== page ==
Although the government shutdown continues, it appears President Barack Obama and the White House are not getting any closer to negotiating with Republicans. A quotation from an unnamed senior administration official in today's Wall Street Journal explains why.
Said a senior administration official: "We are winning...It doesn't really matter to us" how long the shutdown lasts "because what matters is the end result."
With this view, it explains why President Obama won't agree to any piecemeal legislation that would keep Veterans Affairs and NIH open during the shutdown. And it explains why President Obama would rather cancel his Asia trip than negotiate with Republicans.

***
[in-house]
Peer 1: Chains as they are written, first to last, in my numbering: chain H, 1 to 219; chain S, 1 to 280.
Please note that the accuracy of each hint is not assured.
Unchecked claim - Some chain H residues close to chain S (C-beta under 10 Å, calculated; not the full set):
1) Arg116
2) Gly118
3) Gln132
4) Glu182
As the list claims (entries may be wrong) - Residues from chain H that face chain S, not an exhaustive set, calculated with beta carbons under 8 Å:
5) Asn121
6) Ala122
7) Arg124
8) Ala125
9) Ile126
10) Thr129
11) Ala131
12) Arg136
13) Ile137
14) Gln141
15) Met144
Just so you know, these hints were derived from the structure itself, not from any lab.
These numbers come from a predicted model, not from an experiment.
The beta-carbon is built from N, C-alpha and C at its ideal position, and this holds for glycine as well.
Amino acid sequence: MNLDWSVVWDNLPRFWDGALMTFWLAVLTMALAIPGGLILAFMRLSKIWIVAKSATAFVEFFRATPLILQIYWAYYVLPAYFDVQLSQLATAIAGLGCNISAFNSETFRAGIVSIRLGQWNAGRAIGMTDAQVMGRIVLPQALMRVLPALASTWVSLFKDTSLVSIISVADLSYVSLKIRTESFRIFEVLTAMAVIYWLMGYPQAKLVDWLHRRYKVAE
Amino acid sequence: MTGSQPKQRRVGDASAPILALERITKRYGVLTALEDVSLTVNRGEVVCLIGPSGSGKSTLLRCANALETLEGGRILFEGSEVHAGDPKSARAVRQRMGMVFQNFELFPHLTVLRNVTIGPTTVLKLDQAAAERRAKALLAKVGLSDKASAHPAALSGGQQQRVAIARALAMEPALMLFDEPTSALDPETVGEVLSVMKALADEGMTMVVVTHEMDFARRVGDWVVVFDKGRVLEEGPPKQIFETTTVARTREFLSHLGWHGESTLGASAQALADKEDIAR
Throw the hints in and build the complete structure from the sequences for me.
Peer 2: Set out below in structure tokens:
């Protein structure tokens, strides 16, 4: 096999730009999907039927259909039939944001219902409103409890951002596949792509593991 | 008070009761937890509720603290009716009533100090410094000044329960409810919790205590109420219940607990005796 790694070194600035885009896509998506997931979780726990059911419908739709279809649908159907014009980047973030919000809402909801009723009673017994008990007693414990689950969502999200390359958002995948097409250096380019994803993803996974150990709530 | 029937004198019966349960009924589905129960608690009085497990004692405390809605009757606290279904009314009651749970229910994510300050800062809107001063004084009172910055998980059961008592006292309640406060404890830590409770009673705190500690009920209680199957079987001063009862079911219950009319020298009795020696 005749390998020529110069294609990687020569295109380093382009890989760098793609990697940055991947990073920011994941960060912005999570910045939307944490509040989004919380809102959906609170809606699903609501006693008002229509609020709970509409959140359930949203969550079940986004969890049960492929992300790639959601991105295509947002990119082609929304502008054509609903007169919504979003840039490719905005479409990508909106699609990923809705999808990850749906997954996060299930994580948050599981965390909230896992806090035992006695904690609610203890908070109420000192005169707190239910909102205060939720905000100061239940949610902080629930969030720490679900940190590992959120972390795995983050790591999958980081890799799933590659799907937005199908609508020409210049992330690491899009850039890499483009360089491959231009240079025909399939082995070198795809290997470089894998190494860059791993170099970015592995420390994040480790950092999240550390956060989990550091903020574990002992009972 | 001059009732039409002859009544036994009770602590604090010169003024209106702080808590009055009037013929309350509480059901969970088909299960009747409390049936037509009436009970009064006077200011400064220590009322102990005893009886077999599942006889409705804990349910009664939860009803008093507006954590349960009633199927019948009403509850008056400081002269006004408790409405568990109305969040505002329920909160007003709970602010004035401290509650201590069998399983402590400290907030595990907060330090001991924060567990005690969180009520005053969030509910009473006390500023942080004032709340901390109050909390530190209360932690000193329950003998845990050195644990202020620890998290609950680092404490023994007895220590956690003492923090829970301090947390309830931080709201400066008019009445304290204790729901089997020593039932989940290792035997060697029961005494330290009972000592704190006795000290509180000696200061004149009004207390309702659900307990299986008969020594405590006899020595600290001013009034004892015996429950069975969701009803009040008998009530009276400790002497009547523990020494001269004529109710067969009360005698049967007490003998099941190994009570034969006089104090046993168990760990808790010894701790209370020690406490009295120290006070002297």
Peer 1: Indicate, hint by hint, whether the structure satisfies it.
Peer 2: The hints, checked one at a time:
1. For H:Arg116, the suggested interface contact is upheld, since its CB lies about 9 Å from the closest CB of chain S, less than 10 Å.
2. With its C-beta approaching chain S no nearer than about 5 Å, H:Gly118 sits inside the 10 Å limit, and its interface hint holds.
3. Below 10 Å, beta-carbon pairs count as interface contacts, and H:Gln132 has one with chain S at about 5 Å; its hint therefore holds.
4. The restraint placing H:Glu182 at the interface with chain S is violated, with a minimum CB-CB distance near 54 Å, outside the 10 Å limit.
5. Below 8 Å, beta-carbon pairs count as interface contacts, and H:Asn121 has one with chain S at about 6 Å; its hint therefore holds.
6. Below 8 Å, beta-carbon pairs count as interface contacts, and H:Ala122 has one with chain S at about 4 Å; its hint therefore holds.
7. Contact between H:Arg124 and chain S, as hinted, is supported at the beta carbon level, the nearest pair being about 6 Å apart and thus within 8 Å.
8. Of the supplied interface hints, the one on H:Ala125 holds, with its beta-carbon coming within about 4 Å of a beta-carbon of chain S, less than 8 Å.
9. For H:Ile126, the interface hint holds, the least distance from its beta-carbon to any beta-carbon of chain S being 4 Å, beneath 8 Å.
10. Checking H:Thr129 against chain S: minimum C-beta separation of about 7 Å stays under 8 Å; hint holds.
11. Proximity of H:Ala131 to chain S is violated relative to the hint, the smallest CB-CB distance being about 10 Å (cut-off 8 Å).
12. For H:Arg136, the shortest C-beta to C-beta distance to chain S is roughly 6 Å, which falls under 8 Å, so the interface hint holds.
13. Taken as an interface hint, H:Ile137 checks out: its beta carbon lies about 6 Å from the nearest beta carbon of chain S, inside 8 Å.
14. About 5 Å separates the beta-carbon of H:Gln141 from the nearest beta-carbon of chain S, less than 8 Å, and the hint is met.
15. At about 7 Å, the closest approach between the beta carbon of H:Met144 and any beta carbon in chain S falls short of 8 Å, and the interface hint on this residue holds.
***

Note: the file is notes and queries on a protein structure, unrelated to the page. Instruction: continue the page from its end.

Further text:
It's because the White House (or, at least this unnamed official) believe it is "winning" by shutting down the government and blaming Republicans. And when one's winning, he's not likely to change course.
As the Journal details, Obama has also argued that he won't negotiate over the debt ceiling because the stakes are too high.
Another risk for Mr. Obama is that people may not sympathize with his refusal to negotiate over the debt ceiling. The Treasury Department has said that no later than Oct. 17 it will only have $30 billion in cash—a sum that will be exhausted in one or two weeks, according to the Congressional Budget Office. After that point, Treasury is expected to start falling behind on its bills.
Again, Mr. Obama has vowed not to negotiate, saying the consequences of default would be so severe the matter can't be held hostage to political negotiations. "There will be no negotiations over this," he said Thursday.